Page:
Jeffries reminded us that the whistleblower complaint went to the White House (the subject of the complaint), where, without an actual assertion of executive privilege, the White House counsel, the acting director of national intelligence and the Justice Department held it back from Congress. It was not until Congress got wind of the whistleblower complaint and demanded it that the intelligence community’s inspector general followed the law to turn it over. But now that Trump has abused power and tried to hide his conduct, Jeffries asked the question: “What are we going to do about our character?”
Rep. Jason Crow (D-Colo.) took it from there and recalled a parallel effort from White House aides and lawmakers to get Trump to release the aid that had been illegally and dangerously delayed. Aides tried to get him to move forward. A group of senators wrote a letter trying to pry the aid loose. An official from the Office of Management and Budget (OMB) tried to shift blame to the Defense Department for the /holdup, prompting a Defense official to email, “You can’t be serious. I am speechless.” A variety of excuses were raised for the delay until it was released, without undertaking any further anti-corruption efforts or any efforts to get more aid from NATO partners (two excuses the White House used to explain the holdup.)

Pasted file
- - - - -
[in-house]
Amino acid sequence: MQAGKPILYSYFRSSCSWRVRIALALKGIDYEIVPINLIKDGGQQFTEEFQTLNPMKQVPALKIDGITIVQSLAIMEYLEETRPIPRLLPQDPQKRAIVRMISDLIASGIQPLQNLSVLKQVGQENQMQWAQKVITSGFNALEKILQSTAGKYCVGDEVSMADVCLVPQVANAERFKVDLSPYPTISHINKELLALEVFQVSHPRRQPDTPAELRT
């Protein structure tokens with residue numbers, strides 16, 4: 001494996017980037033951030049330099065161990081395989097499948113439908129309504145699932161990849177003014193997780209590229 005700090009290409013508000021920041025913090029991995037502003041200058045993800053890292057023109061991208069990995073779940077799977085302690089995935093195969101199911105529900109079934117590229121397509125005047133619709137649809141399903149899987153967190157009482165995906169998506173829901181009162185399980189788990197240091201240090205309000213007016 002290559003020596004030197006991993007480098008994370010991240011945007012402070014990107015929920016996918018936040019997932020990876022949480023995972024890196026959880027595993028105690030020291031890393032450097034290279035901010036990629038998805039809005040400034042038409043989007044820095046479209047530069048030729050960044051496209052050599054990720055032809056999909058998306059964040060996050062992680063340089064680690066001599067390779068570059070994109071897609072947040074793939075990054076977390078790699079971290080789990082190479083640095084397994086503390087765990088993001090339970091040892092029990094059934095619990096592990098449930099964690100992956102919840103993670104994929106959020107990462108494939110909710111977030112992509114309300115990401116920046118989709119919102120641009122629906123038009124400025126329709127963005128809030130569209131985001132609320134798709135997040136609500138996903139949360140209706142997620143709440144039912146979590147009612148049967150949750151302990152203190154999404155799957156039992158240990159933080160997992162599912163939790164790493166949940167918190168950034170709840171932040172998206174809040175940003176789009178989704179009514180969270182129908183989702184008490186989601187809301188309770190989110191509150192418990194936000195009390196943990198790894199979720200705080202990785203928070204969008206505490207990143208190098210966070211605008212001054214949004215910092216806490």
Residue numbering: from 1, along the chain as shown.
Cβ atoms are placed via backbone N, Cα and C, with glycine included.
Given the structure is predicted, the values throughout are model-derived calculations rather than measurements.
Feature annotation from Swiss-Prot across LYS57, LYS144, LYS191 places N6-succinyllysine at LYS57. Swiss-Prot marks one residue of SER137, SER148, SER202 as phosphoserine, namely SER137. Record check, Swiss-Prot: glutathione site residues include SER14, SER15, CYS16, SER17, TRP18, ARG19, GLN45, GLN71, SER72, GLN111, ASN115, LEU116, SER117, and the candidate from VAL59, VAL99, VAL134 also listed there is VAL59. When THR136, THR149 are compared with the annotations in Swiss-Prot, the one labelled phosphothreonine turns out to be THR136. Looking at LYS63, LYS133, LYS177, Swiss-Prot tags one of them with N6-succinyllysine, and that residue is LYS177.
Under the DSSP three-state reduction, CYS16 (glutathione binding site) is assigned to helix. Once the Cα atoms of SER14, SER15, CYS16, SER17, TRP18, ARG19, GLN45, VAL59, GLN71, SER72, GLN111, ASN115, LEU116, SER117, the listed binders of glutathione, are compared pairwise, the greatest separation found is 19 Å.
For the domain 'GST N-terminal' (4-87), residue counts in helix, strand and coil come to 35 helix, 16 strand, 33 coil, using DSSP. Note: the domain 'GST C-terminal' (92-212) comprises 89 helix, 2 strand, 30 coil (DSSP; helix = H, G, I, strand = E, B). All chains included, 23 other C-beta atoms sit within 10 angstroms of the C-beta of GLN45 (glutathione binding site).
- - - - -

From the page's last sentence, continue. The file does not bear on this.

Crow dismissed the notion that Ukraine did not feel pressure by the withholding of aid. He first noted the notion was irrelevant, since the crime here is Trump’s misuse of power. Moreover, he demonstrated Ukraine very much was worried about the aid: Ukrainian officials raised it with Vice President Pence and other administration officials, and the Ukrainians were willing to do a CNN interview to announce the phony investigations. To this day, Ukraine remains dependent on U.S. aid.
It was then House manager and House Intelligence Committee Chairman Adam B. Schiff’s turn to take us through why Trump’s corrupt actions not only endangered Ukraine but also hurt our own national security, our efforts to promote anti-corruption actions and our standing as an ally. Trump put out the welcome mat for foreign dictators who can manipulate and essentially bribe him to get what they want. He is a danger to us, Schiff (D-Calif.) explained, so long as we have a president who thinks “Trump first, not America First.”
At critical points in the narrative, the managers explained that we could learn about the motives and get evidence about the coverup if we had the testimony of people such as Michael Duffey at OMB (who held up the aid), former national security adviser John Bolton (who kept telling his people to go talk to the lawyers) and John Eisenberg, the White House lawyer who helped stashed the rough transcript of the July 25 call.
This was a tightly argued, brisk presentation that allowed the senators who care about such things to get the facts straight, understand the implications of what occurred and see how additional witnesses are needed to complete the picture of inappropriate and illegal conduct. Alas, Republicans will feign boredom and announce they knew it all before (perhaps we should quiz them on some basic facts) and need no more witnesses. For the rest of us, however, we are getting a definitive portrayal of a corrupt and dangerous president and his enablers, who include those Republican senators.